Other than skin cancer, prostate cancer is the most common cancer in American men, with more than 190,000 new cases diagnosed each year, according to the American Cancer Society. And each year, more than 60,000 American men opt to have their localized prostate cancer treated with high-dose radiation therapy.
But, as Marcio Fagundes, M.D., medical director of radiation oncology at Miami Cancer Institute, explains, some prostate cancer patients treated with high-dose radiotherapy experience side effects such as proctitis, or transient inflammation of the rectal wall. “Because the prostate and the rectum are in close proximity, there is a five to ten percent risk that radiation could result in rectal discomfort or even bleeding with bowel movements, similar to hemorrhoids,” says Dr. Fagundes.
A unique device, however, significantly reduces the risk of potential rectal side effects from radiation. SpaceOAR VueTM Hydrogel (the OAR stands for Organ At Risk) is a safe, water-based, perirectal spacer gel that shifts the rectum away from the prostate during radiation treatment. When it was originally introduced in 2015, it was the first – and remains the only – hydrogel perirectal spacer approved by the U.S. Food and Drug Administration (FDA). And, notably, Dr. Fagundes was the first to use the device in conjunction with proton therapy to treat prostate cancer patients.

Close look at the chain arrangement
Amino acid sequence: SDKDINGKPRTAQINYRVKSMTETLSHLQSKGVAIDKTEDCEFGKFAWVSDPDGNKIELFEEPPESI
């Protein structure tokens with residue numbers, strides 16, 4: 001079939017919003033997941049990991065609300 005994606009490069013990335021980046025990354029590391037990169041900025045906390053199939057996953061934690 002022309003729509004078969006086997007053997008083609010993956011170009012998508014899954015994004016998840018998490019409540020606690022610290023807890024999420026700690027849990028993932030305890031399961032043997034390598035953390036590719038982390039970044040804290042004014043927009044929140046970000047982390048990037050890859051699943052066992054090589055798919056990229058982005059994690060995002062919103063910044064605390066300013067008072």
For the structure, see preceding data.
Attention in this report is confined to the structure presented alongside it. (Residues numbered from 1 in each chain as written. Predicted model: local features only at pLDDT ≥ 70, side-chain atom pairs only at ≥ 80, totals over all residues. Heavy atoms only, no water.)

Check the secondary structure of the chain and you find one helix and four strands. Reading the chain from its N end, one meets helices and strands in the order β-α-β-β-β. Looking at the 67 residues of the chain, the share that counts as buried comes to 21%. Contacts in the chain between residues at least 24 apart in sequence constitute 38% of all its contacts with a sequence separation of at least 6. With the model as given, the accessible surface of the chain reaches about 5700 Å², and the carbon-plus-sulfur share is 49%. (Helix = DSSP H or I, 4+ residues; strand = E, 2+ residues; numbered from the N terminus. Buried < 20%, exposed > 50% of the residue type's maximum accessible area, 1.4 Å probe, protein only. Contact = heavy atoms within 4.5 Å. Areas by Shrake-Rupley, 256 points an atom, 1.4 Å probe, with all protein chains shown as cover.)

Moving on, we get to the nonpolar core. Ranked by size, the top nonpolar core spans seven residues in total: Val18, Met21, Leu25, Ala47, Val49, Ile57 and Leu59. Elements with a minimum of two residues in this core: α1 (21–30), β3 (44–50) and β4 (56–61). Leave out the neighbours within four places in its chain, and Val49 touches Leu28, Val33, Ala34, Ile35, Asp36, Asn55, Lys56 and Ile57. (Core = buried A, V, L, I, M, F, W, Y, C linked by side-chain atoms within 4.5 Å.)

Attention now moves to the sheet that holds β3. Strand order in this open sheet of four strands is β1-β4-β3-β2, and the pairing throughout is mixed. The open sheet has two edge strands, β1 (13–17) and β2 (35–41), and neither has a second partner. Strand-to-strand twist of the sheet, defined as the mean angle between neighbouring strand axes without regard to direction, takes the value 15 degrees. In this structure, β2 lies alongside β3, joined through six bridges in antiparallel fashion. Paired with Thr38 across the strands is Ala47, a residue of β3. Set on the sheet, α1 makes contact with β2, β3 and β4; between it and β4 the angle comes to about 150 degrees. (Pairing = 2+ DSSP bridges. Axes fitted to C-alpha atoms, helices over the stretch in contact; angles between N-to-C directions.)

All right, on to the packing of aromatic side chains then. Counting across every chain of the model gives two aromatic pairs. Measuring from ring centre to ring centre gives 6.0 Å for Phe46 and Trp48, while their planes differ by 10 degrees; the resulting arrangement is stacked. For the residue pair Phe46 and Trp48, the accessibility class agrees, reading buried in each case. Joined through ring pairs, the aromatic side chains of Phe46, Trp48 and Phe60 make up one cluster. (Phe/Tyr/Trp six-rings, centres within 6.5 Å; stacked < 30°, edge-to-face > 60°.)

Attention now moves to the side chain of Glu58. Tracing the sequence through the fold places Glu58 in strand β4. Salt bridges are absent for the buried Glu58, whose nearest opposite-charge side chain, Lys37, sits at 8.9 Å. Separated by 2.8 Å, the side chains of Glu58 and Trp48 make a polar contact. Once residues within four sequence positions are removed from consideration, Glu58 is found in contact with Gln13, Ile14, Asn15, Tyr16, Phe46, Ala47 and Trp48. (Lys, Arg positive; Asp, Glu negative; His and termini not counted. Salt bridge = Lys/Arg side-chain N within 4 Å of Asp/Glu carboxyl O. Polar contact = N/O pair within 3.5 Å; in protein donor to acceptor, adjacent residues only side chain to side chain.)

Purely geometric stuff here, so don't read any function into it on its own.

“When we protect the rectum with SpaceOAR hydrogel, we can more safely deliver a high radiation dose to the prostate to kill the cancer cells, while minimizing any significant radiation-induced injury to the rectum,” says Dr. Fagundes, who was already world-renowned as a pioneer user of rectal spacers by the time he arrived at Miami Cancer Institute in 2016. “It also allows us to safely escalate the radiation dose, if needed, to even further improve the outcomes of radiotherapy.” Patients who undergo radiation therapy with prostate-rectal spacing, he adds, are much more likely to maintain normal bowel function during and after treatment.